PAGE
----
You Can’t Go Home Again

Letters to an American Jewish Friend: A Zionist's Polemic

by Hillel Halkin
Jewish Publication Society of America, 246 pp., $7.50

If Napoleon wins, the better for the Jews; if he loses, the better for Judaism.

—Scheneur Zalman of Lyadi (1804)

American Jews will be disturbed by Hillel Halkin’s articulate and nervous “letters” from Israel. A former American himself, Halkin prophesies that “Jewish life in the [American] diaspora is doomed.” He believes that “such life has a possible future only in an autonomous or politically sovereign Jewish community living in its own land, that is, in the state of Israel.”

We notice immediately that Halkin is ascribing only a “possible future” to Israel, not a very optimistic statement in view of his otherwise glad tidings for the doomed. He tells us that his misgivings are the product of the Yom Kippur war, which “frightened the country with a glimpse of its own mortality.” What Halkin would probably not concede is that his very determination to contrive some plausible, tough-minded version of Zionism for American Jews derives similarly from this war’s aftermath—when most Israelis were anxiously counting their dead, their enemies, and their leaders’ corrupt mistakes. But Halkin’s barely repressed and typical anxieties aside, his arguments are succinct, intriguing, and deserve the serious attention they have already commanded.1

Since Jewish life is fated to vanish in America and not—or not necessarily—in Israel, Halkin’s argument continues, any American Jew “who is committed to his Jewishness” ought to emigrate to the Jewish state. Those remaining behind will lack endurance and “authenticity,” and they should realize that they are fossils of historic forces beyond their control.

To anyone modestly acquainted with classical Zionism, Halkin’s polemic has a familiar ring to it, one which will nevertheless be jolting to most American Jews. For all their professions of “Zionism” during recent years, American Jews have been more inclined to ask searching questions of gentiles than of themselves. American Jews’ daydreams are still crowded with images of the Final Solution, the more intense for the ease with which they have been reassigned to the Israeli-Arab conflict since 1948. Here, ostensibly, are still the genocidal threats to Jews. The accusations by the enemy of Jewish moral failings seem once again inspired by anti-Semitism. And here, once more, is the prospect of Western appeasement, preceded by diplomatic ostracism. “Hitler never died,” I was told as a child, “but swam to Egypt and became nasser [wet].”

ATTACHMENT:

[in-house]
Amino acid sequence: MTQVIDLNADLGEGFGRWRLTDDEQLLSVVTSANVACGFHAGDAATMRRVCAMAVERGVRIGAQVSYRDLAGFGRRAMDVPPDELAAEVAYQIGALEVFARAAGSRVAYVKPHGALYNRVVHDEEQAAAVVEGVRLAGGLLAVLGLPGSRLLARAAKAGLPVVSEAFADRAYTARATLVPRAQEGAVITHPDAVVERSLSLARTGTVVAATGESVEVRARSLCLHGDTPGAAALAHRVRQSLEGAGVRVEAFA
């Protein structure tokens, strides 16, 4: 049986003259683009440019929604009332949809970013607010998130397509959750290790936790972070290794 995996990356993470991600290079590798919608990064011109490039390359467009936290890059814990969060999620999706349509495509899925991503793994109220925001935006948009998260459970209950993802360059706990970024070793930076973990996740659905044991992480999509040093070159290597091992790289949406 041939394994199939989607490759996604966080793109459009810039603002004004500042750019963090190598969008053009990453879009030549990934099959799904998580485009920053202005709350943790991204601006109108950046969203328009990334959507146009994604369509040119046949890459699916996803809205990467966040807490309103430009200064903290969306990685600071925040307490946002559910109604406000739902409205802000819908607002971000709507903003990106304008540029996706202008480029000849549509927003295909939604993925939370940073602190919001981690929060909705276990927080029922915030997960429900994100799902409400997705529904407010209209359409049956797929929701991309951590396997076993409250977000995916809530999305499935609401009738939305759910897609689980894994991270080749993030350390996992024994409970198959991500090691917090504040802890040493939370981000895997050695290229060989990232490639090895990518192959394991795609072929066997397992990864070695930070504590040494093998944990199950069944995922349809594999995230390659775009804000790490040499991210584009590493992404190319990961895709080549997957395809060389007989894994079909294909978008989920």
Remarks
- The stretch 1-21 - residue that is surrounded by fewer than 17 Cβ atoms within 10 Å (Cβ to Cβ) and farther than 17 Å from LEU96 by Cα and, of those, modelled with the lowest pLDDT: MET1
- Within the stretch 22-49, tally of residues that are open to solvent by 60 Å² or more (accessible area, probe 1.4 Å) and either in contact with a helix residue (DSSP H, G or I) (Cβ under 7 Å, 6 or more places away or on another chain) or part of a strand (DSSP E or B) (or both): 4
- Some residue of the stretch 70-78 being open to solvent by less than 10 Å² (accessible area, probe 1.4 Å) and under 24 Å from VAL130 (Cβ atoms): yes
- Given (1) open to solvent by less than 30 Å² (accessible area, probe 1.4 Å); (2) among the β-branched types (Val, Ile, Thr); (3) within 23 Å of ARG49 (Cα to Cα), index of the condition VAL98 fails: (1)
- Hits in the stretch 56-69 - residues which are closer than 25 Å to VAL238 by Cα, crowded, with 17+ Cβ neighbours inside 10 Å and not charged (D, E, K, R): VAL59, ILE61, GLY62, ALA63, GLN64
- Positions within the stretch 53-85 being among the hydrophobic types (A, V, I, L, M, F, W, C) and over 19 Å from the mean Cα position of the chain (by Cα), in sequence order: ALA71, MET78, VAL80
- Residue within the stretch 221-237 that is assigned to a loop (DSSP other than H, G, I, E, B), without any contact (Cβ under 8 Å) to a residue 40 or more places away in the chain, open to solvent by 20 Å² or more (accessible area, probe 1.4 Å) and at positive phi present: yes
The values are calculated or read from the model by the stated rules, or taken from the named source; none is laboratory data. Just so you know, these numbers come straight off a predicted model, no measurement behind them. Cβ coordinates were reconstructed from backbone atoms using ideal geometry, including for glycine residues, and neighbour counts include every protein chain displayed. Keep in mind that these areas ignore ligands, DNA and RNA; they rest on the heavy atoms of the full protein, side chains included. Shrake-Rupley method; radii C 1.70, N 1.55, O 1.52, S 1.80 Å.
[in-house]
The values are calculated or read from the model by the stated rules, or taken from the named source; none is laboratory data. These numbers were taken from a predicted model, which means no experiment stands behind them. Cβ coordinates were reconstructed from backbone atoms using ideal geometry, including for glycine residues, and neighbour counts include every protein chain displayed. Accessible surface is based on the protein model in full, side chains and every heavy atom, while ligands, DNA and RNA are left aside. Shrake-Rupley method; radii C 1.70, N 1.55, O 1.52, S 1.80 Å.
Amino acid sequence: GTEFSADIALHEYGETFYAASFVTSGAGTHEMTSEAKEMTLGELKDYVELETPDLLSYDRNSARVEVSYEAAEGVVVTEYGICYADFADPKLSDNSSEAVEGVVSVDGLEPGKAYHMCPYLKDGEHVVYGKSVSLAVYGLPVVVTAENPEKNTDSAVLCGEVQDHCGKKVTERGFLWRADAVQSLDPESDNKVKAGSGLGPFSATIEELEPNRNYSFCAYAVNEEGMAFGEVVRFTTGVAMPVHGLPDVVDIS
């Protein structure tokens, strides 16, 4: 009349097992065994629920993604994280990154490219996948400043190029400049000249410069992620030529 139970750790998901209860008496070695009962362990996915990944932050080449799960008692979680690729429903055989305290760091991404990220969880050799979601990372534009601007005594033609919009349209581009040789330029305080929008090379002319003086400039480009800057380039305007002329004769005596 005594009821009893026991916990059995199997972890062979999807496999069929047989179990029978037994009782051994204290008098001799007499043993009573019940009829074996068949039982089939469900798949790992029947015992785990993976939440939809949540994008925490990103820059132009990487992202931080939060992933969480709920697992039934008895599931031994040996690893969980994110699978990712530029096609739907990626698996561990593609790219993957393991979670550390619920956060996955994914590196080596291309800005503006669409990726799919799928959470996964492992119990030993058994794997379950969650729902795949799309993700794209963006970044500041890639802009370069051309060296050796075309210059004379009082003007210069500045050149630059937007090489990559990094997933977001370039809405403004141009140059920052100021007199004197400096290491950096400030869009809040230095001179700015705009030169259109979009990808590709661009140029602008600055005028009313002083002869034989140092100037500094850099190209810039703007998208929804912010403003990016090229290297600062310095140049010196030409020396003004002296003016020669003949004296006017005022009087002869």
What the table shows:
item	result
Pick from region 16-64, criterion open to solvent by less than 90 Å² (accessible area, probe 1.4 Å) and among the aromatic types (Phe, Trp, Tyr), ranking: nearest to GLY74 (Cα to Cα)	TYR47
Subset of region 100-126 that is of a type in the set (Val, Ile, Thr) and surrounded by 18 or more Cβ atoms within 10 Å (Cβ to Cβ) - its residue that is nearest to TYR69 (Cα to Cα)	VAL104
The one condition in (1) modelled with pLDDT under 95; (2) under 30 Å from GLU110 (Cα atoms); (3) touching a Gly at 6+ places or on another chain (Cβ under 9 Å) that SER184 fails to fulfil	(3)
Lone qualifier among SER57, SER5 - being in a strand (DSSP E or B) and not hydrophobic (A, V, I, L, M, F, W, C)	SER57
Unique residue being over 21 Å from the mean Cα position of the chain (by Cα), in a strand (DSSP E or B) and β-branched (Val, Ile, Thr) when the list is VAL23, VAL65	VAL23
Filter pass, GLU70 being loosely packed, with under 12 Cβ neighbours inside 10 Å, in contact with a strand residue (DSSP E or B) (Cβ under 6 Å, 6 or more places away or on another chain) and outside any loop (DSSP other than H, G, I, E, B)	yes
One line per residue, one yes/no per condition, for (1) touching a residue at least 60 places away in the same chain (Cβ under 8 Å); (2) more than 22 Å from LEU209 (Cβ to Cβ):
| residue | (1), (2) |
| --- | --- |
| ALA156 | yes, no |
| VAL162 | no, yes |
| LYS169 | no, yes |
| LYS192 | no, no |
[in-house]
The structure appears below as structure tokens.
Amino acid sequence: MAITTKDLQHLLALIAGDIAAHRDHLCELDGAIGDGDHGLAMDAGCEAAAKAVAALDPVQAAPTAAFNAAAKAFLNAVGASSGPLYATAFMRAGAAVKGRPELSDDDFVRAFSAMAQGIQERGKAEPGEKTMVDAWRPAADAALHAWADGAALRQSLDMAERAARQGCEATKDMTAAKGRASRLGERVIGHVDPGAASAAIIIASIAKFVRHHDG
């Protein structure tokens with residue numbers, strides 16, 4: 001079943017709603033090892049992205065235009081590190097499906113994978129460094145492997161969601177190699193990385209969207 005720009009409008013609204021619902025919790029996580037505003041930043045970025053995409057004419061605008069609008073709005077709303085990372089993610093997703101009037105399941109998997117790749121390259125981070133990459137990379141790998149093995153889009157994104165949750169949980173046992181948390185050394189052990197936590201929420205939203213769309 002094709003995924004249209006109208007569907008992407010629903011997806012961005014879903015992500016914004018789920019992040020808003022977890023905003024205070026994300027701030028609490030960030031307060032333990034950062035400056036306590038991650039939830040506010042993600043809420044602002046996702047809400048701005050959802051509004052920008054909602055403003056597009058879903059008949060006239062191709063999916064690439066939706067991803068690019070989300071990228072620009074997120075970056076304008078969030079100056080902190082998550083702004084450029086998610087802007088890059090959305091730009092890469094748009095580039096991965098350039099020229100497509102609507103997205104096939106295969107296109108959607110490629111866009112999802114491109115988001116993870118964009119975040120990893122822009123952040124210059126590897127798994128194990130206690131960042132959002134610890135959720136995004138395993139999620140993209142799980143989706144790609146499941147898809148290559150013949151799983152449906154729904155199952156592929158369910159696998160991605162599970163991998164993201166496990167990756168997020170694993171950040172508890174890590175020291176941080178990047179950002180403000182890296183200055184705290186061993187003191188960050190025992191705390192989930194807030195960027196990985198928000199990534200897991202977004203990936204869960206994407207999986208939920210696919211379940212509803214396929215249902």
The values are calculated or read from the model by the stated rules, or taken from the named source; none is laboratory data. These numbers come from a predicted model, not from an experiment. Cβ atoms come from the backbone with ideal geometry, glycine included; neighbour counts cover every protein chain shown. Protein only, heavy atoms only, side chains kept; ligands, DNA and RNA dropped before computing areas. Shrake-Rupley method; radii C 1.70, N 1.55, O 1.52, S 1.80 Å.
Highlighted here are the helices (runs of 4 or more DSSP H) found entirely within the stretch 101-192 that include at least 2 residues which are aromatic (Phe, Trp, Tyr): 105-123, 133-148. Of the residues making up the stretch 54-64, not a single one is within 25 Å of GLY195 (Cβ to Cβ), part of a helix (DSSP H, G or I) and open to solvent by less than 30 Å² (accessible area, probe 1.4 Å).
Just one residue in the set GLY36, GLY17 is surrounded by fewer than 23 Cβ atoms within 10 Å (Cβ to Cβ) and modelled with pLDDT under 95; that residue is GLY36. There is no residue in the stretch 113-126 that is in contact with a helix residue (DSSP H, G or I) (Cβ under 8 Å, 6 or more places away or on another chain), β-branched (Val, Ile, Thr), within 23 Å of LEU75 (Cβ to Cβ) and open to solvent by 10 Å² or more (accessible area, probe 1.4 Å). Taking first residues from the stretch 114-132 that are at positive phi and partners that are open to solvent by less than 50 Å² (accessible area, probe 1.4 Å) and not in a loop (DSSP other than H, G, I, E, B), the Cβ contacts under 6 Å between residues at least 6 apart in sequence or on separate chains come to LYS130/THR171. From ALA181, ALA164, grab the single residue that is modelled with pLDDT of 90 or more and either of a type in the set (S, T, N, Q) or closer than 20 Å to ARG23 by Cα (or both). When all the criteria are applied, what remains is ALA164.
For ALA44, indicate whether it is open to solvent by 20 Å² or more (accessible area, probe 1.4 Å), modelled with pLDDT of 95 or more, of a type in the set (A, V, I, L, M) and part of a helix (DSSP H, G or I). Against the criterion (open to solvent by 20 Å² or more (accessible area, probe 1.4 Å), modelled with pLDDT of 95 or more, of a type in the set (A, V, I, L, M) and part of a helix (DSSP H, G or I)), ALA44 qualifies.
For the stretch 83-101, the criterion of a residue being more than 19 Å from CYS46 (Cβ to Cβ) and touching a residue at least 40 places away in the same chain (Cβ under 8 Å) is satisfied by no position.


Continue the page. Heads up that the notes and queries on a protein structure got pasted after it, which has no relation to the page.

Such cheerless puns do justice neither to Israel’s ability to determine its fate nor to the complexity of Arab enmity. But they do betray the American Jew’s strangely enervating conviction that, after Auschwitz, after Exodus, being a Jew requires little more than a sense of oneself as victim in the goy’s indecent world and a corresponding sense of Jewish solidarity to survive it. “Survival” itself seems to have become less the self-evident objective of a vital community than the binding neurosis of an otherwise disintegrating one.2 Philip Roth, whose renderings of American Jews have been much maligned, has warned that most of his critics are so preoccupied with the…

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